However one chooses to evaluate the mid-cycle 2010 election, there is only one logical conclusion: the repudiation of President Obama and his policies.
It was not only what happened at the polls and the transfer of power in the House of Representatives, but investors led a rally with the Dow industrials rising 64.10 points the day after the election results were announced.
President Obama’s ascent from obscurity to prominence was predicated on a calculated expression of bipartisanship, of bringing Americans together. His descent from prominence to political ignominy is based on narrowly focused partisanship, willful debasement of “enemies,” and a display of arrogant leadership.
The wholesale Republican victory in the House represents a shift as significant as any in the last 60 years. Moreover, Republicans gained gubernatorial seats and Senate seats as well, albeit Senate control was beyond their reach. Most significantly, those Democrats who ran in relatively safe seats, but were ardent supporters of President Obama were defeated.
For example, Virginia Rep. Rick Boucher, a rock solid supporter of the president, went down to a surprising defeat. Rep. Alan Grayson, a hard-charging liberal and ardent Obama acolyte, also lost, despite national support from liberal organizations.
What this portends for the future of this republic is unclear. Will President Obama triangulate, as Bill Clinton did after his electoral loss in 1994, or is he so driven by ideological passion, he cannot do so? Will a divided government set the stage for stasis with little legislative activity or will this lead to a bipartisan alliance of the moderates in both parties leading to surprising activism?
The one overarching issue that seemingly untied Republicans with many independents and tea partyers is opposition to Obama’s healthcare legislation. Whether accurate or not, there is the widely-held perception that a bureaucrat in Washington will be determining the nature and duration of your treatment, should it be necessary.
As a consequence, many believe freedom is imperiled and the expansion of government into a command economy is the direction of the future. Will the House leadership take advantage of this sentiment by refusing to appropriate funds for Obamacare?
What this election indicates is that the public does not accept the “change” Obama promised and has acted on it. America is a place different from the president’s understanding. Most people are patient and reticent to turn on a president they once supported, but Mr. Obama has introduced reforms so extreme and a financial commitment so dire that John and Mary Q. Public are in open rebellion.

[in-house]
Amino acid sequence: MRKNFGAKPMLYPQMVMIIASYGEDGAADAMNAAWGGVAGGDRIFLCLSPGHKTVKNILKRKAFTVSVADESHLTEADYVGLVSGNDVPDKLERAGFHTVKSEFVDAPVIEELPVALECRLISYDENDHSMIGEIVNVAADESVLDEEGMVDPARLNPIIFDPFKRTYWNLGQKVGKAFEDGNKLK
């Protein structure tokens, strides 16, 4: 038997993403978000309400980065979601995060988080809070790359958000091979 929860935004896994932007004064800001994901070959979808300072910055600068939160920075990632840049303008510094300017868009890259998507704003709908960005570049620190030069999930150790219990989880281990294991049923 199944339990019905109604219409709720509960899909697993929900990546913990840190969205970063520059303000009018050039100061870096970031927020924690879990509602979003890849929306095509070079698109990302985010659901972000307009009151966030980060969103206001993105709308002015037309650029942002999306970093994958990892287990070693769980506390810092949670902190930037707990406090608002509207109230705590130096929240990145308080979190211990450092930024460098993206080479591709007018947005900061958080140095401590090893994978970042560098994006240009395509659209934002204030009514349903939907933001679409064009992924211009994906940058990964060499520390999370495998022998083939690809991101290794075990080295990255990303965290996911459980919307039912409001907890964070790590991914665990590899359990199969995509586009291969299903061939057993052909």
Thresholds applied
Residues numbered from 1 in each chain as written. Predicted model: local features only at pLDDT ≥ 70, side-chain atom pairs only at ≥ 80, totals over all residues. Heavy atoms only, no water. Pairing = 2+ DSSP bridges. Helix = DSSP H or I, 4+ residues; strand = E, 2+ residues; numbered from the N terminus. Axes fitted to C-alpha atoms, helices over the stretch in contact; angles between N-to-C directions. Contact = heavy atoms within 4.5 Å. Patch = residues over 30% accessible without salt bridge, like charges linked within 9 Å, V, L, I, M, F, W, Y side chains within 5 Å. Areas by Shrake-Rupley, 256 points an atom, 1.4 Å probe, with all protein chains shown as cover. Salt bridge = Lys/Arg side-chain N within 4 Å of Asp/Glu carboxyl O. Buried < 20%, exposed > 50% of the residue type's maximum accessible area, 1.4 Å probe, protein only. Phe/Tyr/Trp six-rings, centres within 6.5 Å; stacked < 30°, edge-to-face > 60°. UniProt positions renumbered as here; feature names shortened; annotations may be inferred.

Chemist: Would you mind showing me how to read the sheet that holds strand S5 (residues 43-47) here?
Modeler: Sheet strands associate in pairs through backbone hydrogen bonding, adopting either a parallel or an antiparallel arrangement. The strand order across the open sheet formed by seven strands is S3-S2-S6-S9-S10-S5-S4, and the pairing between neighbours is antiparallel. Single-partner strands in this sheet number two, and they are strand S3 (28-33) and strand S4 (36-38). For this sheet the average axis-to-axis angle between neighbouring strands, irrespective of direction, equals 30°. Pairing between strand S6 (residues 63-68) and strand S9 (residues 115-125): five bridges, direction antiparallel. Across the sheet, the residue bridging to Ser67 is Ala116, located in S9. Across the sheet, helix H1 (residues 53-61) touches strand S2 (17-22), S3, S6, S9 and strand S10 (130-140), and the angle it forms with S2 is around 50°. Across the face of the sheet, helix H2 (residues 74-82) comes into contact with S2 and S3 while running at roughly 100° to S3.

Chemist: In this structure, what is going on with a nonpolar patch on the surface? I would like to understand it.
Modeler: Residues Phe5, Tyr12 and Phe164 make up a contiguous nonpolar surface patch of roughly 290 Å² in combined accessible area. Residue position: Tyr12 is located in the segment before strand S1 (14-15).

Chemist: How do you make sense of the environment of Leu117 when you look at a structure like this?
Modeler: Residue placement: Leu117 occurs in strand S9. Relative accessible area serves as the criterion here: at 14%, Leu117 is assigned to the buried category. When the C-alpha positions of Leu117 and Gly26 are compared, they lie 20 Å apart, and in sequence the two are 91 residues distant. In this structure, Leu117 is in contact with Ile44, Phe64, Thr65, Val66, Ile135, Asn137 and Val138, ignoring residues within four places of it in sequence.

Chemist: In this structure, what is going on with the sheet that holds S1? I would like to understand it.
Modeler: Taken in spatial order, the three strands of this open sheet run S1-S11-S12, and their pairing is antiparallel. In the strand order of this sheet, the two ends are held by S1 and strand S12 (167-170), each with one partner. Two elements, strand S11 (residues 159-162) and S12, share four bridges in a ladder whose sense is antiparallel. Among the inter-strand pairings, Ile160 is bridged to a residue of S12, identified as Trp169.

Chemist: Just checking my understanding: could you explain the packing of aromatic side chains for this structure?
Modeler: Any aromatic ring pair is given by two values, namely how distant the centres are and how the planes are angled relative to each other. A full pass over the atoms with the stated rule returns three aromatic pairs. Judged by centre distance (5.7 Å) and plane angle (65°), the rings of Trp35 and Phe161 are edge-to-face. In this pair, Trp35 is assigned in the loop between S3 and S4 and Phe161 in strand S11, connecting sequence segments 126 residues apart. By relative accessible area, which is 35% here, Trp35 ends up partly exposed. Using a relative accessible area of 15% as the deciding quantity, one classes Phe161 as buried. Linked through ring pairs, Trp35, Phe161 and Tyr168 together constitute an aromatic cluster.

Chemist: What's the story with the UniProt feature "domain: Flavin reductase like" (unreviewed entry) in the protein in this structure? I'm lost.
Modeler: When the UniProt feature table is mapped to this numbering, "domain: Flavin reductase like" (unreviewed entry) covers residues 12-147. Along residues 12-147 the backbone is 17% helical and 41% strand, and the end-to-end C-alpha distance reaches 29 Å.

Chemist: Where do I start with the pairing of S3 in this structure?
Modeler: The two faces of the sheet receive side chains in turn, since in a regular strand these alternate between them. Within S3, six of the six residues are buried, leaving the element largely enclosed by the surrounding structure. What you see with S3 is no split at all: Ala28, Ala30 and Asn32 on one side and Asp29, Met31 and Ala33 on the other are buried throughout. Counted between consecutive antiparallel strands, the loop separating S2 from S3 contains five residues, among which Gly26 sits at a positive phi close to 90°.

It is instructive that the president has consistently made claims he has been unable to justify. For example, the stimulus package was brokered as a way to create jobs, but the unemployment rate has actually increased despite the federal expenditure. The president has consistently ignored or repudiated America’s allies and has embraced the nation’s enemies, but there isn’t any evidence this has reduced global tensions.
At the moment, President Obama has opened a credibility gap as wide as the Grand Canyon. The independents who initially supported the president and accounted, in no small part, for his electoral success, have turned against him. They do not accept his rhetoric and question his decision-making capacity.
The question that remains is whether the Republican Party is prepared to take advantage of this electoral shift. Can the party design an agenda consistent with “the tail wind” this election has provided? Can the Republicans be more than the party of no? Can they avoid being the villains in a scenario the president constructs which sets the stage for his re-election in 2012?
It is hard to answer these questions at the moment, but the election opens the door to electoral opportunity. It is now encumbent for Republican leaders to walk through it.
Herbert London is president of the Hudson Institute and author of the book Decline and Revival in Higher Education (Transaction Publishers).
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